Interpersonal and Leadership Skills: Using Virtual Humans to Teach New Officers (bibtex)
by Julia Campbell, Matthew Hays, Mark Core, Mike Birch, Matthew Bosack, Richard E. Clark
Abstract:
Successful leaders have strong interpersonal skills (Army FM 6-22, ALDS). With their subordinates, they must develop relationships founded on mutual trust and respect. However, the majority of new officers' interpersonal skills development takes place on the job. Further, the formal training they do receive consists primarily of role-play sessions with their peers. This situation is not conducive to consistent practice, effective feedback, or accurate skill assessment and improvement. To address these issues, we have created a virtual-human based role-playing system. The Virtual Officer Leadership Trainer (VOLT) offers a controlled practice environment while maintaining instructor control and facilitating throughput. An officer in training interacts with a virtual human subordinate via branching, scripted dialog and behavior that allow the trainee to apply specific strategies and skills. A classroom of other trainees observes this interaction in real time. At each decision point in the interaction with the virtual subordinate, the trainees use personal response systems ("clickers") to indicate what they believe to be the correct course of action. These data are available to an instructor, who monitors the class's performance and conducts an after action review. VOLT thus provides a consistent training experience without sacrificing trainee throughput or instructor control. It allows an entire class to participate in a single role-play, stimulating discussion, and facilitating peer and instructor evaluation in real time. VOLT’s instructional design is based on cognitive task analysis (CTA) interviews with expert leaders. The CTA identified a set of learning objectives, which are organized into short, memorable key phrases such as "initiate, check, ask, respond, and evaluate." These learning objectives were integrated into the training system through the virtual human's speech and actions. This paper discusses VOLT’s educational goals, instructional design, and technological approach.
Reference:
Interpersonal and Leadership Skills: Using Virtual Humans to Teach New Officers (Julia Campbell, Matthew Hays, Mark Core, Mike Birch, Matthew Bosack, Richard E. Clark), In Interservice/Industry Training, Simulation and Education Conference (I/ITSEC), 2011.
Bibtex Entry:
@inproceedings{campbell_interpersonal_2011,
	address = {Orlando, FL},
	title = {Interpersonal and {Leadership} {Skills}: {Using} {Virtual} {Humans} to {Teach} {New} {Officers}},
	url = {http://ict.usc.edu/pubs/interpersonal%20and%20leadership%20skills.pdf},
	abstract = {Successful leaders have strong interpersonal skills (Army FM 6-22, ALDS). With their subordinates, they must develop relationships founded on mutual trust and respect. However, the majority of new officers' interpersonal skills development takes place on the job. Further, the formal training they do receive consists primarily of role-play sessions with their peers. This situation is not conducive to consistent practice, effective feedback, or accurate skill assessment and improvement. To address these issues, we have created a virtual-human based role-playing system. The Virtual Officer Leadership Trainer (VOLT) offers a controlled practice environment while maintaining instructor control and facilitating throughput. An officer in training interacts with a virtual human subordinate via branching, scripted dialog and behavior that allow the trainee to apply specific strategies and skills. A classroom of other trainees observes this interaction in real time. At each decision point in the interaction with the virtual subordinate, the trainees use personal response systems ("clickers") to indicate what they believe to be the correct course of action. These data are available to an instructor, who monitors the class's performance and conducts an after action review. VOLT thus provides a consistent training experience without sacrificing trainee throughput or instructor control. It allows an entire class to participate in a single role-play, stimulating discussion, and facilitating peer and instructor evaluation in real time. VOLT’s instructional design is based on cognitive task analysis (CTA) interviews with expert leaders. The CTA identified a set of learning objectives, which are organized into short, memorable key phrases such as "initiate, check, ask, respond, and evaluate." These learning objectives were integrated into the training system through the virtual human's speech and actions. This paper discusses VOLT’s educational goals, instructional design, and technological approach.},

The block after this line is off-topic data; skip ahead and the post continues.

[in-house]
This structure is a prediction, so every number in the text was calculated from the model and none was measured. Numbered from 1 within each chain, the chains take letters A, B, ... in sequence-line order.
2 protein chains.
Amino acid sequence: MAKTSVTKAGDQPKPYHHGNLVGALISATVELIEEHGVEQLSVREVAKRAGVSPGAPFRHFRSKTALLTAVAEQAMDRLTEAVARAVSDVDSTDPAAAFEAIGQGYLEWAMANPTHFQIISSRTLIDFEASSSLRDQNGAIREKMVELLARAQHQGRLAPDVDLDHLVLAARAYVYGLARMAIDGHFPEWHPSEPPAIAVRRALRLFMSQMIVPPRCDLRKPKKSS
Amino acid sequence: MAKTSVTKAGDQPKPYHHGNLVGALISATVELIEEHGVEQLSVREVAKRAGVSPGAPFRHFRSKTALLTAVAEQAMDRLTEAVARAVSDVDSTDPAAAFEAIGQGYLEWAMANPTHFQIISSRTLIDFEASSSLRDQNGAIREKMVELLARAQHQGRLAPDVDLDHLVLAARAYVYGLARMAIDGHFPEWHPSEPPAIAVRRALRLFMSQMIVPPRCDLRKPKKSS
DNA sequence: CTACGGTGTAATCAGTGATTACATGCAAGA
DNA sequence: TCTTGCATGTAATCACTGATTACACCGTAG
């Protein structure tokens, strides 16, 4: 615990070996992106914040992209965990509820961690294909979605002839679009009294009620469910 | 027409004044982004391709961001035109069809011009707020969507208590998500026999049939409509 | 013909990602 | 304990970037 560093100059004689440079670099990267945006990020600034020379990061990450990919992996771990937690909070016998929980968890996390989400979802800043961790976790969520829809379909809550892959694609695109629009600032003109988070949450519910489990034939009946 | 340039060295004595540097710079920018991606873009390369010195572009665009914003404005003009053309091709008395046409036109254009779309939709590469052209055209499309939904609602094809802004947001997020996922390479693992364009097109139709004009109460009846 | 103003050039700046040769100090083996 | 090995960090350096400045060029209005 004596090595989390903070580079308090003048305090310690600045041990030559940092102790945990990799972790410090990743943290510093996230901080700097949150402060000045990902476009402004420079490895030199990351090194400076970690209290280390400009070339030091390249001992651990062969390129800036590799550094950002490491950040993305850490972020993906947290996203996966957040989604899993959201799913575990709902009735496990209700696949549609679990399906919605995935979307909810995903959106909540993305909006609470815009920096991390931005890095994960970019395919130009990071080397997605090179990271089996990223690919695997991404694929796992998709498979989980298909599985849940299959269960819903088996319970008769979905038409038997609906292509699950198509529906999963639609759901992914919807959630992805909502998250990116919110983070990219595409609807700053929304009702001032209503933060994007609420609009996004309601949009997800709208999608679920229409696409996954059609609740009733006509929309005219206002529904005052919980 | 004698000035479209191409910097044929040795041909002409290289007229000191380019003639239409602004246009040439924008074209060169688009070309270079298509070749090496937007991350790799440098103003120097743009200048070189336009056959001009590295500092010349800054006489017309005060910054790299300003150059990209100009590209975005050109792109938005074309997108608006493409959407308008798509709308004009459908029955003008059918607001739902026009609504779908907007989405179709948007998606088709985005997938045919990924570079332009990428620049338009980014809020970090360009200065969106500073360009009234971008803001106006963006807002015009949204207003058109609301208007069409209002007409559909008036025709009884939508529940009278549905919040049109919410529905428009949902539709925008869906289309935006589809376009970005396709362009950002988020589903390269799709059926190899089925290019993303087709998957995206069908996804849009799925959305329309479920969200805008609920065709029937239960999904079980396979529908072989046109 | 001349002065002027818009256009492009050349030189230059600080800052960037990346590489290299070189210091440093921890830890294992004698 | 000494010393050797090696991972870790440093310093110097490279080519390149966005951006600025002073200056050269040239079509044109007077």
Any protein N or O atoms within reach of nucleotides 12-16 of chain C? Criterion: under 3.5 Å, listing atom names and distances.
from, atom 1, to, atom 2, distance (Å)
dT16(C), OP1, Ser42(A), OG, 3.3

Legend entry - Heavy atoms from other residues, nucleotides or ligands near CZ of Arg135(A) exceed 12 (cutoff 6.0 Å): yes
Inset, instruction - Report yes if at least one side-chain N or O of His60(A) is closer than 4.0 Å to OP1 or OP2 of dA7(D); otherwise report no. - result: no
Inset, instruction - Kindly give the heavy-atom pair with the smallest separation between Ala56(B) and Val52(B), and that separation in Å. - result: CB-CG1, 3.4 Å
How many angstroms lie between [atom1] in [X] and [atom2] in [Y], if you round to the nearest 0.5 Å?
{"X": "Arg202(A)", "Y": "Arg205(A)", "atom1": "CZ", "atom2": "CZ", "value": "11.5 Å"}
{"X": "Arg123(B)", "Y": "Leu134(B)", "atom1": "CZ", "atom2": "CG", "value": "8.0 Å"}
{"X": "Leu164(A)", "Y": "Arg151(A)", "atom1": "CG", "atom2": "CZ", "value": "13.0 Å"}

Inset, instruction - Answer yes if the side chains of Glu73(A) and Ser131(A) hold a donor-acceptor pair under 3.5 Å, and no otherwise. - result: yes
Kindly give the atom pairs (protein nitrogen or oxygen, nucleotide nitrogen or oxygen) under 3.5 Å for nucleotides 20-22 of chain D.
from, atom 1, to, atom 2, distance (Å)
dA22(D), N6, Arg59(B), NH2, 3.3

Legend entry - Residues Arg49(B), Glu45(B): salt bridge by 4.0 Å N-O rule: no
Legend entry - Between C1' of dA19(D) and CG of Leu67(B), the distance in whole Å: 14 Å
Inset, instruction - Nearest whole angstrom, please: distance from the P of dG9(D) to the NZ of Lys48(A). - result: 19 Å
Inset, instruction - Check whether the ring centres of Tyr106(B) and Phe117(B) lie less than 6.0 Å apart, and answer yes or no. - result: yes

booktitle = {Interservice/{Industry} {Training}, {Simulation} and {Education} {Conference} ({I}/{ITSEC})},
	author = {Campbell, Julia and Hays, Matthew and Core, Mark and Birch, Mike and Bosack, Matthew and Clark, Richard E.},
	month = dec,
	year = {2011}
}
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